Burundi could be heading for political violence ahead of the 2015 elections amid allegations that the ruling National Council for the Defence of Democracy-Forces for Defence of Democracy (CNDD-FDD) has been arming its youth wing.

Wary of Climate Change, Indonesia Looks to Lawmakers for Solutions

Comprised of over 17,000 islands that are highly susceptible to rising seas, Indonesia is taking stock of its position as the world’s third leading emitter of greenhouse gases after the United States and China.

Protests Threaten to Paralyse Brazil Ahead of World Cup

As the FIFA World Cup approaches, the streets of Brazil are heating up with strikes and demonstrations, and there are worries that the social unrest could escalate into a wave of protests similar to the ones that shook the country in June 2013.

Divided Opinions on Feasibility of Kenya’s Option B+ Roll Out

Kenya’s health sector has been facing significant challenges, ranging from a shortage of health care providers to a series of labour strikes. The problems have not only disrupted health services, but have HIV experts divided on whether to roll out Option B+ nationwide or just to pilot it in high volume facilities such as major referral hospitals.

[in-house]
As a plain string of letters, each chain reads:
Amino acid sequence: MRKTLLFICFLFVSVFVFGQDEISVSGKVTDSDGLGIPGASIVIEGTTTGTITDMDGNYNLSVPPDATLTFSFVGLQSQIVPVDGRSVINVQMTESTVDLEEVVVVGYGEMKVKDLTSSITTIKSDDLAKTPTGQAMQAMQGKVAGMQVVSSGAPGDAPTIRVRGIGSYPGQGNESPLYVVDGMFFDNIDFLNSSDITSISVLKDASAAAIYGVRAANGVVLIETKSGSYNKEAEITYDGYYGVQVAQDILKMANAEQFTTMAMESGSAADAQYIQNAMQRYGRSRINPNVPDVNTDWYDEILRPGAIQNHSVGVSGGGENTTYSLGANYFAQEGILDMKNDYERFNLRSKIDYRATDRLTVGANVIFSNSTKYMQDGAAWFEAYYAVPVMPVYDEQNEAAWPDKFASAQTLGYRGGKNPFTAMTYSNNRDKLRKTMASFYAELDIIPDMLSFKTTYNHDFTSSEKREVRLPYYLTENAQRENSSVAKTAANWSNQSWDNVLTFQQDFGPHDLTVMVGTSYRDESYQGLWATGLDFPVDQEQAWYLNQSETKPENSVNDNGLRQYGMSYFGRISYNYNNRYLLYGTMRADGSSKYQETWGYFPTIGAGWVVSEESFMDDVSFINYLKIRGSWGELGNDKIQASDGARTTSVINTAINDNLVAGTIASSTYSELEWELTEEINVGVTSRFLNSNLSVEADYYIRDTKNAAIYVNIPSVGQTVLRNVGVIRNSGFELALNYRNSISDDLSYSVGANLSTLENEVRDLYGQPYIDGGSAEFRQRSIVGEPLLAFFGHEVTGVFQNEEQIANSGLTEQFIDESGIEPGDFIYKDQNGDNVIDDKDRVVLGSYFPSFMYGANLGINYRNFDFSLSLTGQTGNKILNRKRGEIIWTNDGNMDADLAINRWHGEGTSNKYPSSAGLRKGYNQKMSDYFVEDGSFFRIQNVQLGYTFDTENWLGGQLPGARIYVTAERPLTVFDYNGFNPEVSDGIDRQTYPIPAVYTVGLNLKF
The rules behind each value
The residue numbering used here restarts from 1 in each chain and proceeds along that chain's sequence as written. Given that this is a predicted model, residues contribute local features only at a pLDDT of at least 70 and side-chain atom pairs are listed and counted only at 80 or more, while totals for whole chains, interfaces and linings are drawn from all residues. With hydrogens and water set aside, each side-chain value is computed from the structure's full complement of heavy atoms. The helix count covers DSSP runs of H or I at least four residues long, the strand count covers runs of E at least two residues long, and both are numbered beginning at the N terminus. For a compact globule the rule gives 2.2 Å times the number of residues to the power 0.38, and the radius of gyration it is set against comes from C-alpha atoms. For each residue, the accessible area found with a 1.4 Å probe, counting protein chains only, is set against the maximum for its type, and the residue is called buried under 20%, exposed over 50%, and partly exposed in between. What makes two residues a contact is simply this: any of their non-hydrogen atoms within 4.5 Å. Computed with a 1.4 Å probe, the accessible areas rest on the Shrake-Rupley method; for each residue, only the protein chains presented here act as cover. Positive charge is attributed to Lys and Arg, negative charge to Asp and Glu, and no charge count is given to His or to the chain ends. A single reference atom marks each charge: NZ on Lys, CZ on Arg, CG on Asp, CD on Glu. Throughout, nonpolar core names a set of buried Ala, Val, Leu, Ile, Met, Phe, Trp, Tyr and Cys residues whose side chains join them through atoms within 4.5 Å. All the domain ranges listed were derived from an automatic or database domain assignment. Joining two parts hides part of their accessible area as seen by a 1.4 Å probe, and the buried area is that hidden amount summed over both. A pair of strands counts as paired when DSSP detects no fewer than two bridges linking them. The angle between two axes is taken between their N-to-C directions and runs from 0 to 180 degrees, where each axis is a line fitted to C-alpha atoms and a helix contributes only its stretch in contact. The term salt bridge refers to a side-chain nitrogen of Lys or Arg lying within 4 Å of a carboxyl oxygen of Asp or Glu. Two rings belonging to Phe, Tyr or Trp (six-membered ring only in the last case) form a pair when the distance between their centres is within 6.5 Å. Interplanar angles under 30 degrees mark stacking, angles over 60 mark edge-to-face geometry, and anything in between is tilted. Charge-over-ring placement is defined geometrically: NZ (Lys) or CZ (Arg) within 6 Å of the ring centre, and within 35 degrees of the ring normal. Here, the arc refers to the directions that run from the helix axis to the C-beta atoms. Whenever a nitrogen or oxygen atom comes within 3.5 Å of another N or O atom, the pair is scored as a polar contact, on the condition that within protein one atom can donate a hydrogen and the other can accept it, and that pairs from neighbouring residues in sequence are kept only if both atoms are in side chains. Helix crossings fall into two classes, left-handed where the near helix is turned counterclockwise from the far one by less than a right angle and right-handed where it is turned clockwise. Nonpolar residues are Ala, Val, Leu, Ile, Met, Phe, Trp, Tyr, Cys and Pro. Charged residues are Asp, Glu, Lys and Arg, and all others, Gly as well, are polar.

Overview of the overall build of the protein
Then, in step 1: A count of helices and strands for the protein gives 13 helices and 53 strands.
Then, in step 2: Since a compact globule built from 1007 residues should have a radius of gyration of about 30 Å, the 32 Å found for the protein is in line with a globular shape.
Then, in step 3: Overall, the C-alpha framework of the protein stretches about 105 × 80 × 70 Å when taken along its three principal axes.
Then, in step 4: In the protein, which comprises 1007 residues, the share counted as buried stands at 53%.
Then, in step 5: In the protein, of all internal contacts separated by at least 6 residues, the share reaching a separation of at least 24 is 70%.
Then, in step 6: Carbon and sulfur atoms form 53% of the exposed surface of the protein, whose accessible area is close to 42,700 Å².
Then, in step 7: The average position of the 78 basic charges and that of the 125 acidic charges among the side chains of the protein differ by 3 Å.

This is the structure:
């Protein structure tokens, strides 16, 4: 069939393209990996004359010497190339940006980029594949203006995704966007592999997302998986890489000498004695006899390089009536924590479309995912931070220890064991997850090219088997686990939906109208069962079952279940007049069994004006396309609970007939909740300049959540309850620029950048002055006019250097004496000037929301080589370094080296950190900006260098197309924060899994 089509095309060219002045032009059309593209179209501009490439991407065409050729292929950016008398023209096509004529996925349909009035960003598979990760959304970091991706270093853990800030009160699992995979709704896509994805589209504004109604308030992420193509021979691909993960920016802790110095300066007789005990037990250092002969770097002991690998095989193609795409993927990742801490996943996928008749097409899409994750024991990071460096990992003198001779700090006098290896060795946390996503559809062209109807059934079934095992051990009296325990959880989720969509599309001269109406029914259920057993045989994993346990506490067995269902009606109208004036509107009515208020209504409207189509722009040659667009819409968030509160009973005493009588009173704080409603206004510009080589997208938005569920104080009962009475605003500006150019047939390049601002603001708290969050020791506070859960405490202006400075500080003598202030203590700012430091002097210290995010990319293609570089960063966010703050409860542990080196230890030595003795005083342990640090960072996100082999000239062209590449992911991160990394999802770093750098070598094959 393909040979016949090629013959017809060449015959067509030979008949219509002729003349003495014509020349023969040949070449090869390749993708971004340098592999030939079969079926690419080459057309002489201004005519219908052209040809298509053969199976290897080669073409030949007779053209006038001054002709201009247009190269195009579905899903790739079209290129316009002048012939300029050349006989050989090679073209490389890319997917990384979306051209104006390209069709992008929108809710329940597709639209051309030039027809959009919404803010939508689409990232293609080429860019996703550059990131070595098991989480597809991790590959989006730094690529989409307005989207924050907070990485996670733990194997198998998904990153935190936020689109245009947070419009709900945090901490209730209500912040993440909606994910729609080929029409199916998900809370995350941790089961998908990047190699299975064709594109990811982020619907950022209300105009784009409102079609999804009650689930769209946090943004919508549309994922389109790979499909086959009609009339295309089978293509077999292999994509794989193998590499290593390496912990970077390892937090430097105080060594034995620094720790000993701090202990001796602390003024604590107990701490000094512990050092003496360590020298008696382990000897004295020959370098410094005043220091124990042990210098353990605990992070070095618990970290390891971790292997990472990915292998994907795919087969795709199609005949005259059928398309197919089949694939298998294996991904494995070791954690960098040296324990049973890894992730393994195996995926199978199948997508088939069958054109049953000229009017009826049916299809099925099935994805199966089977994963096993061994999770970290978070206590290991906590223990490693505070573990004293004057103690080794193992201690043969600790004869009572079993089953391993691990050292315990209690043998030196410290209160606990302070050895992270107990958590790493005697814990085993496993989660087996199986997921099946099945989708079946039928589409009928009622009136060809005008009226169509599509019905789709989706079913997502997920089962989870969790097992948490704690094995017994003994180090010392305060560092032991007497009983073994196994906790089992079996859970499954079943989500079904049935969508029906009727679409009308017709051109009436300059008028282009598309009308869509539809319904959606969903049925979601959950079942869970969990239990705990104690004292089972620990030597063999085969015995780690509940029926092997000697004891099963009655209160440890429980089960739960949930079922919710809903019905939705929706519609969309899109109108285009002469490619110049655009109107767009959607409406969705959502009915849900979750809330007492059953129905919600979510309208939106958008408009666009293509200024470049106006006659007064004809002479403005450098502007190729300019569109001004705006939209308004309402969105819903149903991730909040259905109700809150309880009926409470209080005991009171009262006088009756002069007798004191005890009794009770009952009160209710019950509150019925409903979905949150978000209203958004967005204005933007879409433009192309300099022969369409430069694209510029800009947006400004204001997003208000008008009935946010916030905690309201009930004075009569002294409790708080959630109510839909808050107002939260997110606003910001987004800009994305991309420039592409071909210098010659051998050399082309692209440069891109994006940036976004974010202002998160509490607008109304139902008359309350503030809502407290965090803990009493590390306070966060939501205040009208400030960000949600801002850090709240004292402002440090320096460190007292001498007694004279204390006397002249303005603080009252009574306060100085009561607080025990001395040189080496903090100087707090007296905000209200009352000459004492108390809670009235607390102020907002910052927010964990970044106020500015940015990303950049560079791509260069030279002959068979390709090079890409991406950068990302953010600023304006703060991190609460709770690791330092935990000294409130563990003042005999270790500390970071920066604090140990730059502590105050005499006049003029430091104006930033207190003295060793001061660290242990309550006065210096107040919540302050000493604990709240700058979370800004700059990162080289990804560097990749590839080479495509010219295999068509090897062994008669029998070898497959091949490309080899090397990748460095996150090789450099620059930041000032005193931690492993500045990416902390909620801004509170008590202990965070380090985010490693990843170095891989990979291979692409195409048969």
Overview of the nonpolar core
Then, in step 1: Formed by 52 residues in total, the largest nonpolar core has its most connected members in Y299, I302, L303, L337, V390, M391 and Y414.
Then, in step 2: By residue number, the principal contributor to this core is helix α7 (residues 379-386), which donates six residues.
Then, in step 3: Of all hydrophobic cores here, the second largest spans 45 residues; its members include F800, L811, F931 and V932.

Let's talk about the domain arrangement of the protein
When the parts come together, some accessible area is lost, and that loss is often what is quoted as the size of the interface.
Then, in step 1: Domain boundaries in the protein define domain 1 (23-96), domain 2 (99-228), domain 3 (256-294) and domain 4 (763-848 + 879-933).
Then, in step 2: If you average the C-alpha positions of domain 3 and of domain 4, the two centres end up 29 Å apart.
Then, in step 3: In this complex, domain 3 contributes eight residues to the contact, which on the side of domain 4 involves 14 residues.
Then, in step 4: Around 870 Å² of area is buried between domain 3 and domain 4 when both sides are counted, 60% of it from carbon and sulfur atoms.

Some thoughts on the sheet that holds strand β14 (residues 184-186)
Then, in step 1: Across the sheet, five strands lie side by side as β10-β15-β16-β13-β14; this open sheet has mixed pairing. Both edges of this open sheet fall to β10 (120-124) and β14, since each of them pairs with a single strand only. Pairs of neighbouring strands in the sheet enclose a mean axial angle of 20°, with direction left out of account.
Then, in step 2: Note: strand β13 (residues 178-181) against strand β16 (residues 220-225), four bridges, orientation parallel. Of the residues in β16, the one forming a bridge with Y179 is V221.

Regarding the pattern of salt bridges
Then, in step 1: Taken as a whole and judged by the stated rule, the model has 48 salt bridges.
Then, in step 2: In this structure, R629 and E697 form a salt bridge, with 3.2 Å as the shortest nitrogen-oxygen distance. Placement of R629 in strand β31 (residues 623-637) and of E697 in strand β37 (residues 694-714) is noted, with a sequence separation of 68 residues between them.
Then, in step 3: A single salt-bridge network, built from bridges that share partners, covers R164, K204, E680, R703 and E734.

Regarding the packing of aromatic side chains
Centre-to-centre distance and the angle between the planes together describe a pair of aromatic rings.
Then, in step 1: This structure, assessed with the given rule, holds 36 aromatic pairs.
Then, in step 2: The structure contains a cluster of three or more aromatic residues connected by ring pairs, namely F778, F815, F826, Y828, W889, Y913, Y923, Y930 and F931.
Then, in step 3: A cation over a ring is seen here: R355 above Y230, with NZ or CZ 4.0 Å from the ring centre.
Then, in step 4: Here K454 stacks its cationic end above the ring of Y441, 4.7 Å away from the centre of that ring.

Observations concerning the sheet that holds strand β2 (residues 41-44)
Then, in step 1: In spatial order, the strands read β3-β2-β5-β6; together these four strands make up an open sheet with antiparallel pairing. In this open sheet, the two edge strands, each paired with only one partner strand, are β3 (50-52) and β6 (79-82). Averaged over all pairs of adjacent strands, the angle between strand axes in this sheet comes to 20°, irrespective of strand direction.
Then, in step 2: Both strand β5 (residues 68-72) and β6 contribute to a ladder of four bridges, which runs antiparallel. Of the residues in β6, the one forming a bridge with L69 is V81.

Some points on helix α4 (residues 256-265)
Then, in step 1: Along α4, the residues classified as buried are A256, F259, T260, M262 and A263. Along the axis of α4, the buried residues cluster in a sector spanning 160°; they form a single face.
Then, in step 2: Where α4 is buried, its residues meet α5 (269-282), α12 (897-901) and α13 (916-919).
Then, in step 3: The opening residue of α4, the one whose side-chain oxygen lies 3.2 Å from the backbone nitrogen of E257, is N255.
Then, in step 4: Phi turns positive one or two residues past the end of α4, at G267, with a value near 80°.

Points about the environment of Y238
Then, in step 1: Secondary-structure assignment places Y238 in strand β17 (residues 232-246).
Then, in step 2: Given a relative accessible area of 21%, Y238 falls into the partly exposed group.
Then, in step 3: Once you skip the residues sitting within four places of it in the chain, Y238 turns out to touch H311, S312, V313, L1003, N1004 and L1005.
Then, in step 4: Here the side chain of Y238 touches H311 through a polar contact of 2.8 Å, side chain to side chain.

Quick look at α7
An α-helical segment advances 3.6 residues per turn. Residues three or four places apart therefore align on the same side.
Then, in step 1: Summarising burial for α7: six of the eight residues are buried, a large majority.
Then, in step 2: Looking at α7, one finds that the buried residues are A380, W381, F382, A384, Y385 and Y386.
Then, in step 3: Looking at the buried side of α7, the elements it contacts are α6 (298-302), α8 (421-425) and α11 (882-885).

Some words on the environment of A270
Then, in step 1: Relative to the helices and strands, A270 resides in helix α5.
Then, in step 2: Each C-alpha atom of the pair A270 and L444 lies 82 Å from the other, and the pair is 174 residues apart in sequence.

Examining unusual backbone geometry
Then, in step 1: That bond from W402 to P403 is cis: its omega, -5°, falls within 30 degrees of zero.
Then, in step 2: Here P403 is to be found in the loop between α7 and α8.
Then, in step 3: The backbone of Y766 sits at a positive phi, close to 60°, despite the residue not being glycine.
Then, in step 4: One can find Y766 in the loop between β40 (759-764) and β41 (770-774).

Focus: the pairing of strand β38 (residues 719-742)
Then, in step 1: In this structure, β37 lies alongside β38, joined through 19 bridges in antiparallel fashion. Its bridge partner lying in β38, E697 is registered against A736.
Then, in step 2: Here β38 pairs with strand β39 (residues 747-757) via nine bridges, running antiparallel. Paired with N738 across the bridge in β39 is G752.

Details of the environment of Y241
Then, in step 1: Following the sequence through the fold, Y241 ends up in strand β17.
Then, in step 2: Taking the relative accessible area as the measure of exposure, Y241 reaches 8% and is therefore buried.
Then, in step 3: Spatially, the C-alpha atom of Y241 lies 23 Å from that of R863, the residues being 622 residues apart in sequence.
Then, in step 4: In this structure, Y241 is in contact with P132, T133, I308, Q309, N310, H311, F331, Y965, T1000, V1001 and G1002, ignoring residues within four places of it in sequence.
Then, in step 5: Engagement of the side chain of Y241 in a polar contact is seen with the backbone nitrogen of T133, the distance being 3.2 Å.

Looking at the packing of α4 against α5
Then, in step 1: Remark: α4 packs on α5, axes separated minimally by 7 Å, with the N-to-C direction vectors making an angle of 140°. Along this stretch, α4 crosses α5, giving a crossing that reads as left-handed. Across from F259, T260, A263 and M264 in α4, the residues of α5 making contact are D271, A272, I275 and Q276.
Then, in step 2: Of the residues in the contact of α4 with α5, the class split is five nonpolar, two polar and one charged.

To Grow Or Not To Grow GMO Crops

“I  want to grow genetically modified organisms (GMOs) because I want to feed my family with biotech products. In no way do I want to eat biological food because I think it’s not so healthy or nutritious.”

Is Ankara Getting Deeper Into The Iraqi Quicksand?